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Why Do I Have to Pay Back My Insurance Company for Medical Bills?

If your insurance company has contacted you or suggested that it will need to be reimbursed when your accident claim settles, you are getting your first taste of a concept known as subrogation. Of all the legal doctrines and theories that we have to explain, none is more counterintuitive or confusing that subrogation, also known as your insurers right of reimbursement.

Whenever you get injured in a car accident, you will have medical bills, sometimes very large bills depending on your treatment. Most of the time these bills are paid by your insurance company, either under your PIP coverage through your auto policy or through your own private health insurer. All insurance policies are written in a way that contractually obligates you to reimburse your insurance company if it pays for treatment that you pursue for accident-related injuries. This does not seem right, does it? You paid your premiums and now that you use the insurance the insurance companies has its hand out? I get these questions almost daily from clients.

While we always suggest that you contact an attorney and pursue your rights to compensation for your injuries, let’s assume for argument’s sake that you decide not to do anything. If you never pursue a claim, your insurance company will pursue it for you solely to get reimbursed for the costs it paid toward your medical treatment. For example – if you get into a rear-end accident and hurt your neck, you likely went to the emergency room, then followed up with your primary care doctor, and then went to physical therapy. If your PIP coverage pays your bills through your car insurance with GEICO or Farmers or State Farm, your own insurance company will turn around and collect what it paid from the at-fault driver’s insurance company, be it Allstate, USAA or PEMCO.

When you hire a lawyer, however, your own insurance company will require your lawyer to collect this reimbursement on behalf of the insurance company. Washington law, however, requires that your insurance company reduce its reimbursement by the amount of your attorney fees and costs – meaning that you usually end up only having to pay about 60-65% of the total amount back. Having a lawyer also means that we can help negotiate this amount with the insurance company.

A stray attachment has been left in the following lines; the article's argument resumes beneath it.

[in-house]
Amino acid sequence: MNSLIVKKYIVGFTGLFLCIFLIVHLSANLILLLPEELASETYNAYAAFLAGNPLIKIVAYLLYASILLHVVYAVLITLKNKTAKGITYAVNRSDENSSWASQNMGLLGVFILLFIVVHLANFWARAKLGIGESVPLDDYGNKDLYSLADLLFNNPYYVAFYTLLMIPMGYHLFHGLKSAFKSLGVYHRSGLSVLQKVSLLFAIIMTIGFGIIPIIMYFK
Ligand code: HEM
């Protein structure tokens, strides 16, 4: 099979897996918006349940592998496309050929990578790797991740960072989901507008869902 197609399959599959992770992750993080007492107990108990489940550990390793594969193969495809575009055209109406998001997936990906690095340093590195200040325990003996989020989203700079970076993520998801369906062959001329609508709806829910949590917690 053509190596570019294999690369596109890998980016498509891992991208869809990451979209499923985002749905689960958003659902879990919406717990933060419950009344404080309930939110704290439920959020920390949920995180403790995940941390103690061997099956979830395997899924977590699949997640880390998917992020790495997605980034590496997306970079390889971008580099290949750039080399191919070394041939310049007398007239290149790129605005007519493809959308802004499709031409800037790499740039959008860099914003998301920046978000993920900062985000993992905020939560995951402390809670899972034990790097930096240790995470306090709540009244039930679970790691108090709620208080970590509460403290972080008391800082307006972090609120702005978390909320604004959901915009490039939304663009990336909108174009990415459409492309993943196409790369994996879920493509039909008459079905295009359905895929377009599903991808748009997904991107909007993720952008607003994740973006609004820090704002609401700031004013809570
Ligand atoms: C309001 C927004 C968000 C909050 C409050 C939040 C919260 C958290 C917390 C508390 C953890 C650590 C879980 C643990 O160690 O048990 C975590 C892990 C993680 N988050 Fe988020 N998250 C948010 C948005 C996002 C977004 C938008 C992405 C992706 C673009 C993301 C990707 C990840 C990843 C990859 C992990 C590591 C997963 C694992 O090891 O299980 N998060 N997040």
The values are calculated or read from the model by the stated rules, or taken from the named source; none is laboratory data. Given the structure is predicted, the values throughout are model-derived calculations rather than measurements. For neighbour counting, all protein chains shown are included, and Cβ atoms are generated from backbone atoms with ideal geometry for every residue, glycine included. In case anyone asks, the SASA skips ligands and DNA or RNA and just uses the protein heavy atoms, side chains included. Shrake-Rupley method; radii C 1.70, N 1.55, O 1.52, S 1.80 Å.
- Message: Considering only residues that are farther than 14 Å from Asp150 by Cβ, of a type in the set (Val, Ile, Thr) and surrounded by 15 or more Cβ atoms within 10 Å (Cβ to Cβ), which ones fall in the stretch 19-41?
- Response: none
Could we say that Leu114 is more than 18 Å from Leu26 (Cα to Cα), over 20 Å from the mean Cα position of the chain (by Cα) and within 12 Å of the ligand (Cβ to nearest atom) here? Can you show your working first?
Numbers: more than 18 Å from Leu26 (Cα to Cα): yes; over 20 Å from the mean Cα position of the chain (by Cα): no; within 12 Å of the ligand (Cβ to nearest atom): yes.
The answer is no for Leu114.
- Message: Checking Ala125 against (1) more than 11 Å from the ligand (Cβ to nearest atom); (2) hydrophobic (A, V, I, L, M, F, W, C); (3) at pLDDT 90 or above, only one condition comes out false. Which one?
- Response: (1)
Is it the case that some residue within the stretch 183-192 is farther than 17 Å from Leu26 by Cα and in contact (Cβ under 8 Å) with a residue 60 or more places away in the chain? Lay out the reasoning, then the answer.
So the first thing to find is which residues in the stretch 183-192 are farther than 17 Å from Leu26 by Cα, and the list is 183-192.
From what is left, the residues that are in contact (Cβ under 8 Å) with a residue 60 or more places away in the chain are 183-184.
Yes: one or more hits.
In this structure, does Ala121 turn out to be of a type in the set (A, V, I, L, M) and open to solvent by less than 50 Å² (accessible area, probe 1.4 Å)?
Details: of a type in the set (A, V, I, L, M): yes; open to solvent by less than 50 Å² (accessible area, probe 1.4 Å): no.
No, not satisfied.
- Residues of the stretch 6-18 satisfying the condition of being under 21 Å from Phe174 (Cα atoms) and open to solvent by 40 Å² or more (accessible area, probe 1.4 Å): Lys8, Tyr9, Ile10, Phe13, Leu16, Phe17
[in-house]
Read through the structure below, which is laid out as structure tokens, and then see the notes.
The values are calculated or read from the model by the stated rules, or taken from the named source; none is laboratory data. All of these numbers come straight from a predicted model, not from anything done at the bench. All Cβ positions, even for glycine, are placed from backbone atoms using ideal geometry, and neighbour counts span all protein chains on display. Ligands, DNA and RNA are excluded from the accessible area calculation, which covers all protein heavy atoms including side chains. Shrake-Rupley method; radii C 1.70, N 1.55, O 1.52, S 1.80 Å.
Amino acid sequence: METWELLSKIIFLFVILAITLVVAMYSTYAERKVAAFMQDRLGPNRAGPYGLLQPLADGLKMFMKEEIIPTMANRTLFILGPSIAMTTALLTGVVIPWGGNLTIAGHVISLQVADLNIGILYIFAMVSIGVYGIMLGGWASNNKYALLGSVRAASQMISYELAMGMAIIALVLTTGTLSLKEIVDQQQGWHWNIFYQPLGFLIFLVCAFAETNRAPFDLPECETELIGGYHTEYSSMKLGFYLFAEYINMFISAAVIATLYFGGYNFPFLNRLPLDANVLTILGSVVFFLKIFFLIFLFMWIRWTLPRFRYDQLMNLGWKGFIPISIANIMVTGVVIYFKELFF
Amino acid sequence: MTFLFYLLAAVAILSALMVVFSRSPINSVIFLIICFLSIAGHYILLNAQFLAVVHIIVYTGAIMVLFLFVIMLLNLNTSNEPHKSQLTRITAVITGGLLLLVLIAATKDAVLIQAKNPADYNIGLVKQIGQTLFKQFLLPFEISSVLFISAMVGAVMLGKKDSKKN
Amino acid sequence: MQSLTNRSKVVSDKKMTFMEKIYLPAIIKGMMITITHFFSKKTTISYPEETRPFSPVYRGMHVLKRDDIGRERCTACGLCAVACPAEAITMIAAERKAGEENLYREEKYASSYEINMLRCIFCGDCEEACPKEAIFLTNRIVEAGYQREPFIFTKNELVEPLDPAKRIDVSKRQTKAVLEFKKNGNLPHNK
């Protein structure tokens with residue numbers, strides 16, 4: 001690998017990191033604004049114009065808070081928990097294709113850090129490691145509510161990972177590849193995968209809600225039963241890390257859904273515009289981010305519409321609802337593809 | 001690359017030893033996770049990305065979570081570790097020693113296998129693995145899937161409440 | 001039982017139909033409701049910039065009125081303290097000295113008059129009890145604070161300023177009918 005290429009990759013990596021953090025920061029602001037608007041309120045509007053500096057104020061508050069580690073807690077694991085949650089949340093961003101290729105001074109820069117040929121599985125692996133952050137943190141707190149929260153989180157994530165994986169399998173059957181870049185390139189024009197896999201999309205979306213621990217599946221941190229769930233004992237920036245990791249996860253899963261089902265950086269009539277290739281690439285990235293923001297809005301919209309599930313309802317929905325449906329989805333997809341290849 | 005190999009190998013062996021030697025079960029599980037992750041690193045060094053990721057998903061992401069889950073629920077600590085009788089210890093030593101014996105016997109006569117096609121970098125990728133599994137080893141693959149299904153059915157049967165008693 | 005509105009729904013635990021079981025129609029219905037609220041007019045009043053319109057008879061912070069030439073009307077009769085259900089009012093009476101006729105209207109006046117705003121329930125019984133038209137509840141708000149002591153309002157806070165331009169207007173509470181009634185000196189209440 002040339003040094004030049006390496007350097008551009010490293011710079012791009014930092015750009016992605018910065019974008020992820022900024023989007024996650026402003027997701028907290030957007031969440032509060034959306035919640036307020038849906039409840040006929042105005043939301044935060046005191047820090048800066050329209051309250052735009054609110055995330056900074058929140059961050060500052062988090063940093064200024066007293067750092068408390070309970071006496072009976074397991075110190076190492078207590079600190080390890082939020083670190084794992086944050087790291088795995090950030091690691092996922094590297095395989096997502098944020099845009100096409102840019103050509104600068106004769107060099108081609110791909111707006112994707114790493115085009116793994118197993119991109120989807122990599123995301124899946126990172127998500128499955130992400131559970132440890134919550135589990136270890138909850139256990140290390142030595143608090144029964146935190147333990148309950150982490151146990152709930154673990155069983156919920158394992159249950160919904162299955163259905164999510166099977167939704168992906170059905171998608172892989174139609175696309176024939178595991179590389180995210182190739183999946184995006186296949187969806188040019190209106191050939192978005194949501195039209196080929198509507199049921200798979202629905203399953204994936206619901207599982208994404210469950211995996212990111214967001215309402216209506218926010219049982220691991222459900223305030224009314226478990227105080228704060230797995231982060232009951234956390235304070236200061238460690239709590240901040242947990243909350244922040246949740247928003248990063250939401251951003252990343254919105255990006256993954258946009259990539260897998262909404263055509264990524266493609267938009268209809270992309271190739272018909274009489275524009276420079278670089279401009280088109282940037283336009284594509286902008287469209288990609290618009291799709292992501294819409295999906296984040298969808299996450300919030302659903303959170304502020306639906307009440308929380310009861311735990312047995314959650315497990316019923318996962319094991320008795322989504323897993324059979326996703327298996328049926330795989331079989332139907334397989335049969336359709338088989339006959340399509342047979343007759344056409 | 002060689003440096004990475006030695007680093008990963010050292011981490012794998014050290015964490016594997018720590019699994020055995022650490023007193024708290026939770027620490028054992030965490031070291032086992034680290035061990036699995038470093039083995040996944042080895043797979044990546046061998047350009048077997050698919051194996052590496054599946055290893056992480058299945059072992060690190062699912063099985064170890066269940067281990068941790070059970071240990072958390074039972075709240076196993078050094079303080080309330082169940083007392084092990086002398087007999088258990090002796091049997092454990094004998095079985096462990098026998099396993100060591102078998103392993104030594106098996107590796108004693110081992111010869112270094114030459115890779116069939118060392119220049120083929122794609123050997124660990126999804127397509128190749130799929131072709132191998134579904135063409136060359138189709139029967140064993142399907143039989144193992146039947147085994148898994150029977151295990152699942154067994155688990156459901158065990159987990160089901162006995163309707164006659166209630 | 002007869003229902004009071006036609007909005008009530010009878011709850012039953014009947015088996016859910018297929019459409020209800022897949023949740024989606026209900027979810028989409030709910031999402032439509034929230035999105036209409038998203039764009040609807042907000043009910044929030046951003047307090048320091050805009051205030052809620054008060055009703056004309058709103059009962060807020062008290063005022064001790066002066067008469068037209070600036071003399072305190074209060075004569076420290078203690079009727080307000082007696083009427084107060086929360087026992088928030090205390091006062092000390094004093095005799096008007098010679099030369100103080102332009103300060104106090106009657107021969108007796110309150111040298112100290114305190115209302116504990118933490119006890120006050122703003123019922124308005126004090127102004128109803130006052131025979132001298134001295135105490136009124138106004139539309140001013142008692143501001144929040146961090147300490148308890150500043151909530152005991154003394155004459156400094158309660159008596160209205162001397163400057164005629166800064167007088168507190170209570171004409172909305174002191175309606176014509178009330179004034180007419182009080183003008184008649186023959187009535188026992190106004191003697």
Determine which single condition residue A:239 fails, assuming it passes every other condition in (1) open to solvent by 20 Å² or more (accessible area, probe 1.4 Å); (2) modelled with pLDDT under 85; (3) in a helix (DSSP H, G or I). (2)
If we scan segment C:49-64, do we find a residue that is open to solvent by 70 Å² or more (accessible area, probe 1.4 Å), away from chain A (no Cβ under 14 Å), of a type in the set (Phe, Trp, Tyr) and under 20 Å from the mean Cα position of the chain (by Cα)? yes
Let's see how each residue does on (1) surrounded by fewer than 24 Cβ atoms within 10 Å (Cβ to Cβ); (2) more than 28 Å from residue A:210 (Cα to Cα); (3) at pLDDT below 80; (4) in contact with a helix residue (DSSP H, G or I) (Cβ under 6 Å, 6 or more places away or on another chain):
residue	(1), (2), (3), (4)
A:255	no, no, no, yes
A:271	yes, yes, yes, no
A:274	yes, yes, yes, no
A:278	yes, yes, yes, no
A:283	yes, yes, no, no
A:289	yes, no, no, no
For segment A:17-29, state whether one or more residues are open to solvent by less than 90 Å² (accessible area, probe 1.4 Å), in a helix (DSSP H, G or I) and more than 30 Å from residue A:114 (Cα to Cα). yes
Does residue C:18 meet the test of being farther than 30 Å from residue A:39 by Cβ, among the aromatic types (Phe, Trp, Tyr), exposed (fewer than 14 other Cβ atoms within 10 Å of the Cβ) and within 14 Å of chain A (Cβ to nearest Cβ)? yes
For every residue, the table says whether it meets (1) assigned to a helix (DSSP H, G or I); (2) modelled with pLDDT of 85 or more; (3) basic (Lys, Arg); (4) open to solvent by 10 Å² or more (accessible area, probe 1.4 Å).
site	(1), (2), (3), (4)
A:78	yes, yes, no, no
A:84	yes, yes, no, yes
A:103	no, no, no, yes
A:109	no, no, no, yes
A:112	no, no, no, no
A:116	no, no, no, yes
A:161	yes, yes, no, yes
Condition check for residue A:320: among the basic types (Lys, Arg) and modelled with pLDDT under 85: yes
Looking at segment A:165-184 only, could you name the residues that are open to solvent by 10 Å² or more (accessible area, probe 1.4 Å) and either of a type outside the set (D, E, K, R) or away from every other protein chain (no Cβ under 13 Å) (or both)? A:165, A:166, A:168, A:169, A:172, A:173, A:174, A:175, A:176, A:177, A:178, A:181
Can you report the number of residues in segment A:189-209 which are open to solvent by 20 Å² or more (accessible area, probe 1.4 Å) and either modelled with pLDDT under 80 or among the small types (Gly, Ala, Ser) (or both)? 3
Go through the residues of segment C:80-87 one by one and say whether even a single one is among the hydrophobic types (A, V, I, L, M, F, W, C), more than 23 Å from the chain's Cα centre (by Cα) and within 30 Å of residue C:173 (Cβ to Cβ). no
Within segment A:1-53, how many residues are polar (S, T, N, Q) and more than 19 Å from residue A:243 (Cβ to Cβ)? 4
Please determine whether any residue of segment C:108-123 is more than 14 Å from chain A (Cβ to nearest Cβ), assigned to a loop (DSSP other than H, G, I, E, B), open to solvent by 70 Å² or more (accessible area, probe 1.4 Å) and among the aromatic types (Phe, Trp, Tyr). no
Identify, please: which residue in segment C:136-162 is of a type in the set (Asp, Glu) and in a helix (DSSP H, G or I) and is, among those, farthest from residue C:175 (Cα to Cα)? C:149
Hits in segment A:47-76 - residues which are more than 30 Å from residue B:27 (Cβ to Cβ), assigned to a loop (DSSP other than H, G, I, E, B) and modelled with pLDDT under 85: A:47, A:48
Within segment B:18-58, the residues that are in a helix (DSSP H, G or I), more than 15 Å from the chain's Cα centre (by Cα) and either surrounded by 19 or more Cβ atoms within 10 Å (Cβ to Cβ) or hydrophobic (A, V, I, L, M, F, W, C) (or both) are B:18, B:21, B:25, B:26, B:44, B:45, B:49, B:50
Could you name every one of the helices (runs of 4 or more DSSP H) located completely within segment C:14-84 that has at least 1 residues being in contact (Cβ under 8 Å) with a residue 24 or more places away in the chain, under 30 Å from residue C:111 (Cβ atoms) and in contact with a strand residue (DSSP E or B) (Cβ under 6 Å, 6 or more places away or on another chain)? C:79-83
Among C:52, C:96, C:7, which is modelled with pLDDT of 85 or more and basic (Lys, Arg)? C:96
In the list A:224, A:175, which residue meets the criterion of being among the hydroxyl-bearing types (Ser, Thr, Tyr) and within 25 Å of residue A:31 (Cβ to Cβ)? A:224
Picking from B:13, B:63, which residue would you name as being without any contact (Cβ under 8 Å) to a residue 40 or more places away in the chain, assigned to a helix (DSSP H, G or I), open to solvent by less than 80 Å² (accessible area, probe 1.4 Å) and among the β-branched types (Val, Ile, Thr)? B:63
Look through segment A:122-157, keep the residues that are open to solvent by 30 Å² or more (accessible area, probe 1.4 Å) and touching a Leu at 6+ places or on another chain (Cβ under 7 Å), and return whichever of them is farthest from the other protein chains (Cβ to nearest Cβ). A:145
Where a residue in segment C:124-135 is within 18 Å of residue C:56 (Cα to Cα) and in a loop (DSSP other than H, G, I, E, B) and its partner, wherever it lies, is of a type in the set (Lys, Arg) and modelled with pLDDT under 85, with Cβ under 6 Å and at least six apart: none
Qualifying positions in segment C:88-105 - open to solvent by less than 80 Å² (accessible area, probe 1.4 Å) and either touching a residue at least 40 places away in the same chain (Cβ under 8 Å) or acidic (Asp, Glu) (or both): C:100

If your private health insurer or government assisted insurer (Medicaid, Medicare, Community Health) pays the bills, these insurers also require a reimbursement of amounts paid toward your treatment. If you thought that this right of reimbursement sounded ridiculous, the US Supreme Court made it even worse in a decision called US Airways v. McCutchen. In that decision, the court decided that certain self-insured employers (usually big employers like Microsoft who self-insure their health plans) must be reimbursed dollar-for-dollar for everything paid toward your accident-related treatment without any right to reduce the amount for your attorney fees or for the sake of basic fairness (equity as we call it in the law). This case has had terrible effects for injured people. If you happen to work for Microsoft, Microsoft ends up being paid back 100% of whatever it pays toward your accident-related injuries.

If you are having trouble navigating the world of subrogation and insurance claims, call us. We can help reduce the stress in your life by dealing with the insurance companies for you while you concentrate on your health and family.

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